William Smith O’Brien founded the Irish Confederation in 1847 when he and others withdrew from the Repeal Association. Robert Cane joined the Confederation, however his views, particularly on the use of violence, were at variance with the Confederation and he took no part in the Rising of 1848. Despite this he was arrested and imprisoned. The Rising had led to the suspension of Habeas Corpus and resulted in Cane being imprisoned for a lengthy period. Following his release he was again elected mayor of Kilkenny. On February 19th 1849 he was one of group of people who met to establish an Archaeological Society for the ‘County and City of Kilkenny and surrounding districts’. He was eventually elected chairman of the organisation on April 3rd 1849.

Dr Cane founded the Celtic Union in Kilkenny in 1853. It was a literary society with a strong political bias and intended to publish material relating to Irish history. The Union produced a magazine called ‘The Celt’ and Cane acted as editor. Dr Cane died of consumption on August 16th 1858. In 1859 a series of articles entitled ‘History of the Williamite and Jacobite Wars of Ireland from their origin to the capture of Athlone’, which Cane had written, were published by the Celtic Union.

Dr Robert Cane was arrested and imprisoned following the Young Irelander Rebellion in the year 1848 On This Day.

The Tholsel, Kilkenny by National Library of Ireland on The Commons on 1870-01-01 00:00:00

Court House, Kilkenny, 1908 by National Library of Ireland on The Commons on 1908-07-01 00:00:00

High Street Fashion by National Library of Ireland on The Commons on 1955-01-01 00:00:00


28 July-Shankill Castle

Shankill Castle is situated in the Southeast of Ireland on the Carlow/Kilkenny border about 130km from Dublin. The Castle which is set in parkland is located in the village of Paulstown in Ireland’s Ancient East. Until 1991 it was the home of the Toler-Aylward family. It is now the home of the distinguished artist Elizabeth Cope. As well as being a residence for the artist the estate is also a working farm and a tourist attraction. Visitors to Shankill Castle can enjoy a walk through the gardens and take a guided tour of the Castle

Shankill Castle was originally a medieval tower-house belonging to the Butlers of Ormonde. The tower-house was built near the ruins of an old church. Elizabeth Butler, an heiress to the estate, married Peter Aylward of Waterford around 1700. Aylward purchased the estate from his wife’s family. Between 1708 and 1713 he refurbished and extended the tower-house to look much as it does today. The new building called Shankill Castle was built in the English Baroque architectural style common in the reign of Queen Anne (1702-1714).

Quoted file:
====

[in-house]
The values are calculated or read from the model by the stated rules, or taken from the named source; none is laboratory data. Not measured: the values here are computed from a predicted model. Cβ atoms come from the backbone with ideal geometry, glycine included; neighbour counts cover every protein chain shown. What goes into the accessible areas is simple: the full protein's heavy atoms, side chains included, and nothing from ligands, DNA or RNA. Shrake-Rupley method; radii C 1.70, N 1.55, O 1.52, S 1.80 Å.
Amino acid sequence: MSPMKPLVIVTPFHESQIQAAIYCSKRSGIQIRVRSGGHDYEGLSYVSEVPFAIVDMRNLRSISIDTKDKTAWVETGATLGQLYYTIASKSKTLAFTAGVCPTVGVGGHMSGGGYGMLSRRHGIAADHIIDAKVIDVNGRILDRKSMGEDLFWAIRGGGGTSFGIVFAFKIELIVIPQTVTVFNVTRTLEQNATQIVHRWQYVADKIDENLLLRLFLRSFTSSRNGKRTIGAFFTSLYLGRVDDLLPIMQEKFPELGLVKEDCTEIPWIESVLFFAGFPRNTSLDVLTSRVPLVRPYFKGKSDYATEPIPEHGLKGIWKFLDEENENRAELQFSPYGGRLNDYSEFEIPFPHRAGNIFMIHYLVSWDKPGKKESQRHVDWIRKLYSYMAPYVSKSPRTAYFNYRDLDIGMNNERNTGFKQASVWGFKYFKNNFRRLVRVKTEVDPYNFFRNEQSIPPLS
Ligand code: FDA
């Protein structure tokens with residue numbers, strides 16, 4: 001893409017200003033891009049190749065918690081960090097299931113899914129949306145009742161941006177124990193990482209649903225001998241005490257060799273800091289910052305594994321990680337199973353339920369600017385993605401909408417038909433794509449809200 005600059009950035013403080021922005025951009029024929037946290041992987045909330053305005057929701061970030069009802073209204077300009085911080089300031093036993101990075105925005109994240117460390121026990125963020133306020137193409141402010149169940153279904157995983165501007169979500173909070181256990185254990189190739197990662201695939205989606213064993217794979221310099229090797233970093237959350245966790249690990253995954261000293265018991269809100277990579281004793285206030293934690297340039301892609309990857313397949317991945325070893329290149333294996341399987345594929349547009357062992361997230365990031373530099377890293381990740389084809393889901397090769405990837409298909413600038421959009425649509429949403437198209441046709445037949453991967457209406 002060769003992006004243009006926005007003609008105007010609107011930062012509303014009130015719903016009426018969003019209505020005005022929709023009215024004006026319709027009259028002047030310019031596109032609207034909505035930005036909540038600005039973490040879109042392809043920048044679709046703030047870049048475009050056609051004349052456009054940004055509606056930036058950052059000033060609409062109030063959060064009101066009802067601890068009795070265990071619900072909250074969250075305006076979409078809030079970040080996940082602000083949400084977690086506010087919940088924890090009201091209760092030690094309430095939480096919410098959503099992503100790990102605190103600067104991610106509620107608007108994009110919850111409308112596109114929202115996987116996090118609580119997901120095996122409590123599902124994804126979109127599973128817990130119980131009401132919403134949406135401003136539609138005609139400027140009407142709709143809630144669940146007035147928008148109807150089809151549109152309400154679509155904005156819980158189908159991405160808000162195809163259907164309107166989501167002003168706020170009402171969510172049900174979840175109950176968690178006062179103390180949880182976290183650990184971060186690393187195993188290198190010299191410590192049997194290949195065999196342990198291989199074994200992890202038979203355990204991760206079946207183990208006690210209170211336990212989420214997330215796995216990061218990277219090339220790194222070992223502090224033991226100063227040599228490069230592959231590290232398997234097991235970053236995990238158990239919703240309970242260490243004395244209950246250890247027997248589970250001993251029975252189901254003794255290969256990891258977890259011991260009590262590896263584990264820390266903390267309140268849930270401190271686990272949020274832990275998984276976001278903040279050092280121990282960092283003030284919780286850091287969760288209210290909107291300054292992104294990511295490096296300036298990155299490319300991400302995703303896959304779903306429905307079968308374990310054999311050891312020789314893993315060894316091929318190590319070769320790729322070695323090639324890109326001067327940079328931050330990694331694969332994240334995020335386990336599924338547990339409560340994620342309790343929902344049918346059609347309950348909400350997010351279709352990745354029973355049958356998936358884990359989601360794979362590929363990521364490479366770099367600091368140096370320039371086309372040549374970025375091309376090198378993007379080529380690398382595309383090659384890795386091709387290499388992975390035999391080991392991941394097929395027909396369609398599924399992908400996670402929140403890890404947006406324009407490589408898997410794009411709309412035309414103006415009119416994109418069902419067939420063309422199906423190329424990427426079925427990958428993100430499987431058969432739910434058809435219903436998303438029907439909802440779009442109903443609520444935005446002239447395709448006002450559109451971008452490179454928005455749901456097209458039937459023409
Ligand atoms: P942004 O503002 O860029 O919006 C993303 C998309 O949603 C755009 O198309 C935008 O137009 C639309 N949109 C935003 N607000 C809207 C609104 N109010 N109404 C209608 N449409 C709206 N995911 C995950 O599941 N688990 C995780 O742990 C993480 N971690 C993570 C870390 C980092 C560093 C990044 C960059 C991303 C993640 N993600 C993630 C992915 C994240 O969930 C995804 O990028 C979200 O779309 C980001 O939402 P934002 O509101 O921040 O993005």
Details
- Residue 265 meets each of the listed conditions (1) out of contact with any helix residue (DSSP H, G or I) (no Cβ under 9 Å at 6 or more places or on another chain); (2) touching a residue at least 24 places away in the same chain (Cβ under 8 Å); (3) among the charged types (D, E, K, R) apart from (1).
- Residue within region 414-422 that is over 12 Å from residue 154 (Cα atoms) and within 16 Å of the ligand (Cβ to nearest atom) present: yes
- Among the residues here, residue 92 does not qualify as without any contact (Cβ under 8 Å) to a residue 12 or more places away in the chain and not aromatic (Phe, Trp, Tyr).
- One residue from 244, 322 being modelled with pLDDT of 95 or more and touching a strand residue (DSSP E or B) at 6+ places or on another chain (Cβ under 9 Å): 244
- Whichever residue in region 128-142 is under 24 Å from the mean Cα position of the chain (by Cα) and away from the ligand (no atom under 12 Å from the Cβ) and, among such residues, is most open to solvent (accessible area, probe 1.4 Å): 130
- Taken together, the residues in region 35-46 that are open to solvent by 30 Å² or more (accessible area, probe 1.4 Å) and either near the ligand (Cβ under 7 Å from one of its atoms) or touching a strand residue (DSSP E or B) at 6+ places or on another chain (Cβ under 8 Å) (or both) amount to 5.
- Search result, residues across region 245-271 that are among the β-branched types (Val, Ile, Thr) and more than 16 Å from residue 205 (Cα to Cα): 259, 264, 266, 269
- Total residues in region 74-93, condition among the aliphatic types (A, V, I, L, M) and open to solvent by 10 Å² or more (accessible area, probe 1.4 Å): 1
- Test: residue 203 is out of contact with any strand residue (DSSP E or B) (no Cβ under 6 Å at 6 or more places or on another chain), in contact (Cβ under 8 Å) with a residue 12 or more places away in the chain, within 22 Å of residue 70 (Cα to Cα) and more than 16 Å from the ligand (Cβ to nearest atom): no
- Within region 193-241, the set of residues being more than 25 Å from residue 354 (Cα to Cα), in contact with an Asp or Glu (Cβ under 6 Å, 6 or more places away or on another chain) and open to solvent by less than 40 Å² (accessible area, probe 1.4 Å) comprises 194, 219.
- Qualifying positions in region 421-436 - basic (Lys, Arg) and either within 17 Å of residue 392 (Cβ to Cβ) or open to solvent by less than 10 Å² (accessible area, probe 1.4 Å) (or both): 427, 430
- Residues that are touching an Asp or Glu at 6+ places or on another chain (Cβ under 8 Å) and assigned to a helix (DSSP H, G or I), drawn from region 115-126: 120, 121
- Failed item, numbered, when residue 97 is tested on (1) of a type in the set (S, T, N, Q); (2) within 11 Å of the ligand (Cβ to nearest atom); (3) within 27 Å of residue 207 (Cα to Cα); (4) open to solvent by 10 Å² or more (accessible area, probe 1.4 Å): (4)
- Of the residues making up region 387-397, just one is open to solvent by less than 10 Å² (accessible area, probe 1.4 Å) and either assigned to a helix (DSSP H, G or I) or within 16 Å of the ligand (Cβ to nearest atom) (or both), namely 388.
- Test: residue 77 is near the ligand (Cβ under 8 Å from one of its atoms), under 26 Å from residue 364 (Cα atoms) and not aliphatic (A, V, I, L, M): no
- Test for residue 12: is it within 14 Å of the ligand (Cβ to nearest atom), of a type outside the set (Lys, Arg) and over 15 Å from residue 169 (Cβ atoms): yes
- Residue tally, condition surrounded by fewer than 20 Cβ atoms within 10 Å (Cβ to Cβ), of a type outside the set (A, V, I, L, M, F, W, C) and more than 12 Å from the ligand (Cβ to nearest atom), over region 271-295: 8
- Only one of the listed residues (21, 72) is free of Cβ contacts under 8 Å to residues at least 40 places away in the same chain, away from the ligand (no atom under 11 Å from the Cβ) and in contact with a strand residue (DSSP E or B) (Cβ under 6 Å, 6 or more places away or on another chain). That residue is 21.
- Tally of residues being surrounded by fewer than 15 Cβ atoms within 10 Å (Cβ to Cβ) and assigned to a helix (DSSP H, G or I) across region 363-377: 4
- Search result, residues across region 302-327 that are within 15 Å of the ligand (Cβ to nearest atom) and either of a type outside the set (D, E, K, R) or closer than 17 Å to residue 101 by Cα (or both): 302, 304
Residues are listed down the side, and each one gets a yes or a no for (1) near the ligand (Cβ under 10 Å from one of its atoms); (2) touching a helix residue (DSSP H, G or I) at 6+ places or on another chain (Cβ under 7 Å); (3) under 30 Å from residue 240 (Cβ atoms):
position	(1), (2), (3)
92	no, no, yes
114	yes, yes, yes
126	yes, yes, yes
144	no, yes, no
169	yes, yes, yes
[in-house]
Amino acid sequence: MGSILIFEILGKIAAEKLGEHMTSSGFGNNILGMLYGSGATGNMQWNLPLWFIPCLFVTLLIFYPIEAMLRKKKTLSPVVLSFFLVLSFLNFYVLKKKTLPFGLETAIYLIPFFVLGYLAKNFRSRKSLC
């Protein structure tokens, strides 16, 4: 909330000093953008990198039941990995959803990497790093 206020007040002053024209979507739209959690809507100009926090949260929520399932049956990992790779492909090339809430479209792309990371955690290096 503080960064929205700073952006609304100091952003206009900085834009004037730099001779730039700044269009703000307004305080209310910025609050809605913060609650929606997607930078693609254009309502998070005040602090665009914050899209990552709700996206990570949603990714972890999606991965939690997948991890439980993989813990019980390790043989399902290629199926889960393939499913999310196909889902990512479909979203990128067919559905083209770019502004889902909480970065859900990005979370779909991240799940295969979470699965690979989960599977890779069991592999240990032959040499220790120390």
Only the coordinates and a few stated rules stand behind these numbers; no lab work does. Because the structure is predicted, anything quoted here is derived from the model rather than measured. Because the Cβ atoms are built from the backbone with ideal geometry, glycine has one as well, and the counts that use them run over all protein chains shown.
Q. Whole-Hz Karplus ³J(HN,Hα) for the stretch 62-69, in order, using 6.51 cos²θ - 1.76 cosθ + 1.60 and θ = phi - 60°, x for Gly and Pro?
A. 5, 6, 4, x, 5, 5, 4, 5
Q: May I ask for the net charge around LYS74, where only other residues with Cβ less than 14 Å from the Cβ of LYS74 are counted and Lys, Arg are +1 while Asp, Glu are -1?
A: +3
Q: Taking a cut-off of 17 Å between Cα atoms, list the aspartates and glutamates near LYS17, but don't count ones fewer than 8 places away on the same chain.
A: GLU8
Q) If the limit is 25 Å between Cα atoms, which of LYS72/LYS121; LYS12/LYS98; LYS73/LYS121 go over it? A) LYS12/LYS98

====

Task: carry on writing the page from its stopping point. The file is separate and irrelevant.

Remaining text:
The Castle was set in a formal landscape some of which still survives today. The gardens, which are described as an oasis of tranquillity, include 18th century lime alles and 19th century laurel lawns. Gigantic sequoias from the Victorian era can be seen in the grounds. Three trees in the gardens of Shankill Castle are listed in the Tree Registry of Ireland. When Mary Aylward of Shankill Castle married Reverened Peter Toler from Roscommon in 1835 the family name became Toler-Aylward. The couple had two children Merial Elizabeth Toler-Aylward and Hector James Charles Toler-Aylward

Hector James Charles Toler-Aylward who served a Justice of the Peace for Kilkenny died in the year 1918 On This Day

Shankill Walk by Bernie Goldbach on 2005-04-24 13:46:58

28 July-Irish Army service in the Congo

Two Irish Army Infantry Battalions which included soldiers from Carlow and Kilkenny were deployed to the Congo to serve with the United Nations forces in 1960. It was the first large scale overseas mission undertaken by Irish troops since the establishment of the state in 1922. However it was not the first service overseas by Irish Army personnel with the United Nations. The first United Nations mission in which members of the Irish Army were involved began on June 27th 1958. On that occasion Lieutenant Colonel Justin MacCarthy and a group of 50 other officers served with the United Nations Observer Group in the Lebanon.